Sanhedrin Celebrates First Birthday

Haaretz reports on the first anniversary of the new “Sanhedrin” in Israel, which this blog has been following for a while:

When the “new Sanhedrin” was established in Tiberias a year ago, hardly anyone took it seriously. The 71 rabbis who came to the northern city 1,660 years after the original Sanhedrin (the assembly of 71 ordained scholars that was both supreme court and legislature in Talmudic times) held its last meeting there, were welcomed by many in the Orthodox and ultra-Orthodox sectors with smiles tinged with derision.

…the initial impression was that this was another effort by the Jewish Leadership movement within the Likud, an effort that had a Torah-oriented, halakhic-messianic slant and was striving for a revolution in the government.

However:

A year after its establishment, it is impossible to see the new Sanhedrin as the domain of the extreme right wing alone: at a large gathering in Jerusalem’s Har Nof neighborhood Tuesday, Rabbi Adin Even Israel Steinsaltz, a well-known Talmud scholar who is much esteemed in Torah circles, both in the ultra-Orthodox world and in the national-religious sector, came forward as the president of the Sanhedrin…The fact that the new Sanhedrin also includes many rabbis affiliated with the ultra-Orthodox stream, added to the fact that they are not among the best known and leading rabbis in that sector, endows the effort with another unusual dimension that distances it from being another “extreme right-wing” venture.

I’m not sure about that – the presence of “many rabbis affiliated with the ultra-Orthodox stream” might just as easily signify that they have become enamoured of extreme right-wing ideas, rather than that they are acting as a moderating force. And the report’s author has to concede that Steinsaltz’s position is somewhat tenuous anyway:

It is hard to know how long Steinsaltz will last as president of the new Sanhedrin. At the public session held on the first anniversary of the apparent reestablishment of the ancient institution, he appeared to be fighting internal opposition.

This public session was at a synagogue in Jerusalem, and although participants appeared to acknowledge the current limitations of the Sanhedrin, the desire for theocracy was as evident as ever:

Hillel Weiss, who also has become one of the ordained members, says, “The goal of the new Sanhedrin is to become a source of authority for the Jewish people, and this is contrary to the accepted position of the left that the state of Israel is the source of this authority…”

I noted Weiss’s railing against the Supreme Court in a previous entry; Steinsaltz seems to be reluctant to follow such a politicised line. However, despite all the complaining, the report does note the following:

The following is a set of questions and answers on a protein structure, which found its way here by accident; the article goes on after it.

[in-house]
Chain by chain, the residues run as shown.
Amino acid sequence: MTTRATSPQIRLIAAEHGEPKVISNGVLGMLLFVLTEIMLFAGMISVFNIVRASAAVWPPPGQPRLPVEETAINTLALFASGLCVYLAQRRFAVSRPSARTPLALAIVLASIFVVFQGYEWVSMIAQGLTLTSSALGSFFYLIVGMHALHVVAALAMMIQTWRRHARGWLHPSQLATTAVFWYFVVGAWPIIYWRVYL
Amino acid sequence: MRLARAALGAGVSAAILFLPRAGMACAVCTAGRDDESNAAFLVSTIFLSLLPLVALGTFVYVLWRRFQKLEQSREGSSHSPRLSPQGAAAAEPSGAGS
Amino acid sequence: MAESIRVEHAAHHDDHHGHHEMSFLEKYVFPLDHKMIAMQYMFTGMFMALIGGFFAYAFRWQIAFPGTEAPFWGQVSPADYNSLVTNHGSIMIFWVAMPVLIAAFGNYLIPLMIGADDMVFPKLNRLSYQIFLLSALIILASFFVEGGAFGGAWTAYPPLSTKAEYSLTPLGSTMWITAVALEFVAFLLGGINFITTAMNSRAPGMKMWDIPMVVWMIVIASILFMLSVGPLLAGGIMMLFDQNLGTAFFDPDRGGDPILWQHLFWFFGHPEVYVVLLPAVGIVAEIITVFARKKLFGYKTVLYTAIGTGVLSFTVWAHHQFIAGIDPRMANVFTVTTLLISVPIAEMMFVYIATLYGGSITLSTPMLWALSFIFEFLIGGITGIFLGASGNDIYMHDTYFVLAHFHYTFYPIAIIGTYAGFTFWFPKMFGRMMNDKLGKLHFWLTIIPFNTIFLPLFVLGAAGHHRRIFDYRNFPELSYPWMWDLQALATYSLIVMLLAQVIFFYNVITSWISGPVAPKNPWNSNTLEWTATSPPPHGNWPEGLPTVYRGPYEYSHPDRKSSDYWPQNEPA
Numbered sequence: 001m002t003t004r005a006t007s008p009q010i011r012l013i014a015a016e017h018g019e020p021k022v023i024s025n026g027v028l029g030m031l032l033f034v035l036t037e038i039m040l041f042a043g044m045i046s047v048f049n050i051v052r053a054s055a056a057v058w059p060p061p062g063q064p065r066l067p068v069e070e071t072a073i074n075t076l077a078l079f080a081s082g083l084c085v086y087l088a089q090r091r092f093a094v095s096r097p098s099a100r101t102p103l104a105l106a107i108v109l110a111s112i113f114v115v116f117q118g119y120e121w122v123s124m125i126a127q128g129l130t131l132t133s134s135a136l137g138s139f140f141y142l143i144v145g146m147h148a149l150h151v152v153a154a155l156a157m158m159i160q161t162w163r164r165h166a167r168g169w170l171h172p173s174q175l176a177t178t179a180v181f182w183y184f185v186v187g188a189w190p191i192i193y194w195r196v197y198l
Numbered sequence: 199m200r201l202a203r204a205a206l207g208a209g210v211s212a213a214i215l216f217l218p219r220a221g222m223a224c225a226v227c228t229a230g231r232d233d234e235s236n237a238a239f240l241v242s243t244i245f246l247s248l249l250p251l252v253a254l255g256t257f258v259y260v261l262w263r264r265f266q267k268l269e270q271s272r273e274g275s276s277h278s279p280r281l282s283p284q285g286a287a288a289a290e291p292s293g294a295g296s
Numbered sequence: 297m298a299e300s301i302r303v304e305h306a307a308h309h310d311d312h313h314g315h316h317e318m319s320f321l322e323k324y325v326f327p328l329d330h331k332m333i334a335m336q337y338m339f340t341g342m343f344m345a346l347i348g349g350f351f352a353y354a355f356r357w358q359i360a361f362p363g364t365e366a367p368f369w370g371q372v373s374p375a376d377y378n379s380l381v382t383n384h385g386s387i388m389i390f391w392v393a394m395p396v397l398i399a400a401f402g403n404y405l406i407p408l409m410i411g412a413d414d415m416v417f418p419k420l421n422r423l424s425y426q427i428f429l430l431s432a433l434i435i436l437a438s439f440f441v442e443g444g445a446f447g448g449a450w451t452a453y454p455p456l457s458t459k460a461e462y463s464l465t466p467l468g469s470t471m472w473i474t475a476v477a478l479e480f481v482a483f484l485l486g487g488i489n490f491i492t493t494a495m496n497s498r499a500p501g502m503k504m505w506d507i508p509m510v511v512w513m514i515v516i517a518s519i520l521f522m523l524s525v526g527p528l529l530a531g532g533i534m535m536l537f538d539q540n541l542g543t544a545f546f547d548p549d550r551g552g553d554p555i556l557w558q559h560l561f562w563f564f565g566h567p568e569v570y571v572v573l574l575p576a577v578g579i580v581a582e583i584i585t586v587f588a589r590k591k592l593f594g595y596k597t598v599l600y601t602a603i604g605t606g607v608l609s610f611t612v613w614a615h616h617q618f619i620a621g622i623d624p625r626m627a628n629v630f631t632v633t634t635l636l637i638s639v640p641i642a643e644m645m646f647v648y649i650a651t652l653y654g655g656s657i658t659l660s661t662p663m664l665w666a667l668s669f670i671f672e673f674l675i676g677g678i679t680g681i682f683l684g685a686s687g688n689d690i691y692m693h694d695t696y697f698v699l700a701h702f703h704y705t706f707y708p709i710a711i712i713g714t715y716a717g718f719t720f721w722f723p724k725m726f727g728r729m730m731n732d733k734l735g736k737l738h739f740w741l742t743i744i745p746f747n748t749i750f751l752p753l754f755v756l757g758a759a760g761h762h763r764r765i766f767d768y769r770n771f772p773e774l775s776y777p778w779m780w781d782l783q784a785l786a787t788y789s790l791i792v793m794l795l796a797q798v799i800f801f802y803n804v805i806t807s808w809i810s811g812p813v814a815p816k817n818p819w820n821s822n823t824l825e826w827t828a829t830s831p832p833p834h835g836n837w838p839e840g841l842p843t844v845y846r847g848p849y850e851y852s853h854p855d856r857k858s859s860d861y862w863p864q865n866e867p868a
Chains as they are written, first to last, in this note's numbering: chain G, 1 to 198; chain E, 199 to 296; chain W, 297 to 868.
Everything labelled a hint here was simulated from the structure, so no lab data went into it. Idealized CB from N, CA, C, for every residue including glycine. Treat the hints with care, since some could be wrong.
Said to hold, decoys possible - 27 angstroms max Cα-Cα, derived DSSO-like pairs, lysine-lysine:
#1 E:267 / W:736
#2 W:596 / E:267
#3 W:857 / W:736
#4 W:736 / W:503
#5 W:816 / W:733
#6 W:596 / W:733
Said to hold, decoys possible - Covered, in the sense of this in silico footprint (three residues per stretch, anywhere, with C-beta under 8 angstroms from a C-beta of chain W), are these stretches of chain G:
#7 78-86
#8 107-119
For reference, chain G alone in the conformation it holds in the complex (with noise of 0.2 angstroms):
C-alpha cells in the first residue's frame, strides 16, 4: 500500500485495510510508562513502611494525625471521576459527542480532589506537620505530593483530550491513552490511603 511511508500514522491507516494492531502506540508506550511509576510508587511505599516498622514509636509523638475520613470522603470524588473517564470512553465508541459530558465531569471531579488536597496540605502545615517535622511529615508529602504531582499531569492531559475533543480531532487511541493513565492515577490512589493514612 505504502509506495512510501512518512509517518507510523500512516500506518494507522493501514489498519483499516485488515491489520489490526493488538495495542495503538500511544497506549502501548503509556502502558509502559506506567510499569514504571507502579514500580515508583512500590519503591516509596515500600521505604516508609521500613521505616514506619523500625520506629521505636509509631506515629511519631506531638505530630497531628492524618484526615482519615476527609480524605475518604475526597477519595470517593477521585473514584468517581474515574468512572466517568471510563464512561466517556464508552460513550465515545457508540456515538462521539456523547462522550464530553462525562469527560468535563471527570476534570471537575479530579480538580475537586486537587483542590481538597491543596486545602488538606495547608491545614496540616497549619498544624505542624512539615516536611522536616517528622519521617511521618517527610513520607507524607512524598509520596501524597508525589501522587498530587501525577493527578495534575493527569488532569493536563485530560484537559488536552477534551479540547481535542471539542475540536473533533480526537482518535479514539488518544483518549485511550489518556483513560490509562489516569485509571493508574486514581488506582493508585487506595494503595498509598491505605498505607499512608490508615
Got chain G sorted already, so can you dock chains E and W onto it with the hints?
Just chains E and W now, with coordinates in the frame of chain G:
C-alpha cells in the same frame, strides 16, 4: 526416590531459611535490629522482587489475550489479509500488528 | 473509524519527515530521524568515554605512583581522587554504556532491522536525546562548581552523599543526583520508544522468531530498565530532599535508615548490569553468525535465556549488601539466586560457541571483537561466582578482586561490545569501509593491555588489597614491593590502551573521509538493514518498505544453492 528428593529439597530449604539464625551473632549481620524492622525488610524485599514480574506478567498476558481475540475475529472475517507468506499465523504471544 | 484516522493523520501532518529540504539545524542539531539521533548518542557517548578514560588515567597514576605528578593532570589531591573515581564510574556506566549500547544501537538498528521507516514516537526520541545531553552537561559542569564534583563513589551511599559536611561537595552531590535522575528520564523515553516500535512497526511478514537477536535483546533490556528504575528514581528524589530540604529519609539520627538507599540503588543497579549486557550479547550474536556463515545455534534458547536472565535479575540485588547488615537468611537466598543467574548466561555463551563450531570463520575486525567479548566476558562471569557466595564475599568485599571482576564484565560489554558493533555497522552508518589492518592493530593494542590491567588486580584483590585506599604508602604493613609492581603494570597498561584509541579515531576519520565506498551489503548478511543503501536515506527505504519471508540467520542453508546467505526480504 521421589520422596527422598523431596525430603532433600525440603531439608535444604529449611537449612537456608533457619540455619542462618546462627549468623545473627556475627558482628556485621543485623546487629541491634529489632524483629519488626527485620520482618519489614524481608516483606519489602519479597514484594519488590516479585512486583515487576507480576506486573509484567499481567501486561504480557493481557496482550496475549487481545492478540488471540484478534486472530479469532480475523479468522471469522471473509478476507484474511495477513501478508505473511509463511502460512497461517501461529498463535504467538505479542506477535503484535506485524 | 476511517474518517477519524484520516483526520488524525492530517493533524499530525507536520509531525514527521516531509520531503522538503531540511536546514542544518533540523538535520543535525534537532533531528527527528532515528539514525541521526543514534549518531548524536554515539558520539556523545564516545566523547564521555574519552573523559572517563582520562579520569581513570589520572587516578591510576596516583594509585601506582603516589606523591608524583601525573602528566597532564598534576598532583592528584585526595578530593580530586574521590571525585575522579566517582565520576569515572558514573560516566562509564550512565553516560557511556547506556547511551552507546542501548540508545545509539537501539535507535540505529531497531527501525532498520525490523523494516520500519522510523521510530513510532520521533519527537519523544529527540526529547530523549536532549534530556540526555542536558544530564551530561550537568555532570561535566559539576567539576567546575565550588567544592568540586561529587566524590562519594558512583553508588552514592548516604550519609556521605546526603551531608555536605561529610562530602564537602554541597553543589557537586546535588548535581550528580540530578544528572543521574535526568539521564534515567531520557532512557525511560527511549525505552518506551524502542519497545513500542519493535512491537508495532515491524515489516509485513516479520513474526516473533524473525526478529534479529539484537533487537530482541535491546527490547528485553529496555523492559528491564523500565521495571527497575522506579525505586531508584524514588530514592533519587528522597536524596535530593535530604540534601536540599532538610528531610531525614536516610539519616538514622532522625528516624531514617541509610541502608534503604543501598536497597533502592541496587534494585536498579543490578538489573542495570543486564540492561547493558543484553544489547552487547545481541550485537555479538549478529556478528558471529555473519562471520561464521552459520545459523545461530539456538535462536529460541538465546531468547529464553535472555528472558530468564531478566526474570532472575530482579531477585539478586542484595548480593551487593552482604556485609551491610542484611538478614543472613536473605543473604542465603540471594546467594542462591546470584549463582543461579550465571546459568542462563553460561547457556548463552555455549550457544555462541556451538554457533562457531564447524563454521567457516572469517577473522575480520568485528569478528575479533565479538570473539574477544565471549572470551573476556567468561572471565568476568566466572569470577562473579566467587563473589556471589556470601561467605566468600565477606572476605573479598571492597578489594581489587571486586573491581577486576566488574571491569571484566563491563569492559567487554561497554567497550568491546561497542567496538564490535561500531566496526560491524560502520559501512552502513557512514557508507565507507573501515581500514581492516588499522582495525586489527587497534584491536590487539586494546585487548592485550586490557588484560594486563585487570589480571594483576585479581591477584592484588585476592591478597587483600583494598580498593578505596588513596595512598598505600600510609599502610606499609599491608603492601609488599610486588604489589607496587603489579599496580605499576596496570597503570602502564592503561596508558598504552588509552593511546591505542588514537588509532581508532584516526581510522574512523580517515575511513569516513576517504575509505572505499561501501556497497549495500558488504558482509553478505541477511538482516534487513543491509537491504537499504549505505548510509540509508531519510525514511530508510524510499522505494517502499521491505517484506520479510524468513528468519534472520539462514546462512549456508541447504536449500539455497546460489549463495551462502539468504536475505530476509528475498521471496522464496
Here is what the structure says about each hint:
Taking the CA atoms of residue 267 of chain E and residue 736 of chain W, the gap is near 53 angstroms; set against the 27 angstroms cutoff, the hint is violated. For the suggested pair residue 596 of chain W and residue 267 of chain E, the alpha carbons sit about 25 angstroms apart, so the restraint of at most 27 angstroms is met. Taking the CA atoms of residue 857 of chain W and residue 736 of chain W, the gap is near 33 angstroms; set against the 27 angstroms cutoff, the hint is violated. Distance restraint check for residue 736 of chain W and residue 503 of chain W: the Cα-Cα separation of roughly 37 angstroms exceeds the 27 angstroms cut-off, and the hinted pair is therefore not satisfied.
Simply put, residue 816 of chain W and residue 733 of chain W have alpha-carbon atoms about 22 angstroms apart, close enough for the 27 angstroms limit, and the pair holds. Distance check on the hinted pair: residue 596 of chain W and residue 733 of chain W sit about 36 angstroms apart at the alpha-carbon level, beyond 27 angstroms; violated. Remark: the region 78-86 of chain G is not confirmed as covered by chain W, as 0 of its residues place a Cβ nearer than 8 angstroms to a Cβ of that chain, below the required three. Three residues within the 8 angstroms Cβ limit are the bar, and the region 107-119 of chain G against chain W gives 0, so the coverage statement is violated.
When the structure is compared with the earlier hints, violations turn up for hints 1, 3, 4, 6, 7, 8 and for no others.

In its first year, the new Sanhedrin initiated a dialogue with the Ministry of Education over the Bible and Scriptures curriculum…

Study of the Bible is mandatory for Jewish children in Israel. An article from 2003 by Israel Idalovichi and published in Religious Education notes the following:

The Orthodox establishment [in Israel] advocates policies that support a growing and more vocal commitment to Jewish religiosity. For adherents of Jewish Orthodox culture, the Holy Scriptures are of paramount value by virtue of their being a work of divine design. For the Orthodox, the problem is that the study of the Bible-rather than canonical commentaries-might suggest that there is more than one way to the Jewish religion.

In other words, the Orthodox want not just the Bible to be taught, but their particular interpretation of it. Idalovichi studied the attitudes of Bible teachers, and concluded:

The religious bible teachers are committed to their principles but they exhibit great flexibility and adaptation to the social, moral, and democratic principles of secular society…Jewish religious fundamentalism enjoys a far broader and vociferous platform in the media and among political…than in the classroom, at the hands of public school teachers. Even such a problematic subject as bible studies appears to serve functional and pragmatic needs, and motivations for its presence in the Israel school curriculum are driven by pragmatic values, not only religious passion.

But with a theocratic group now “in dialogue” with the Ministry of Education, how long before “religious passion” takes centre stage?

(Tipped from Christianity Today Weblog)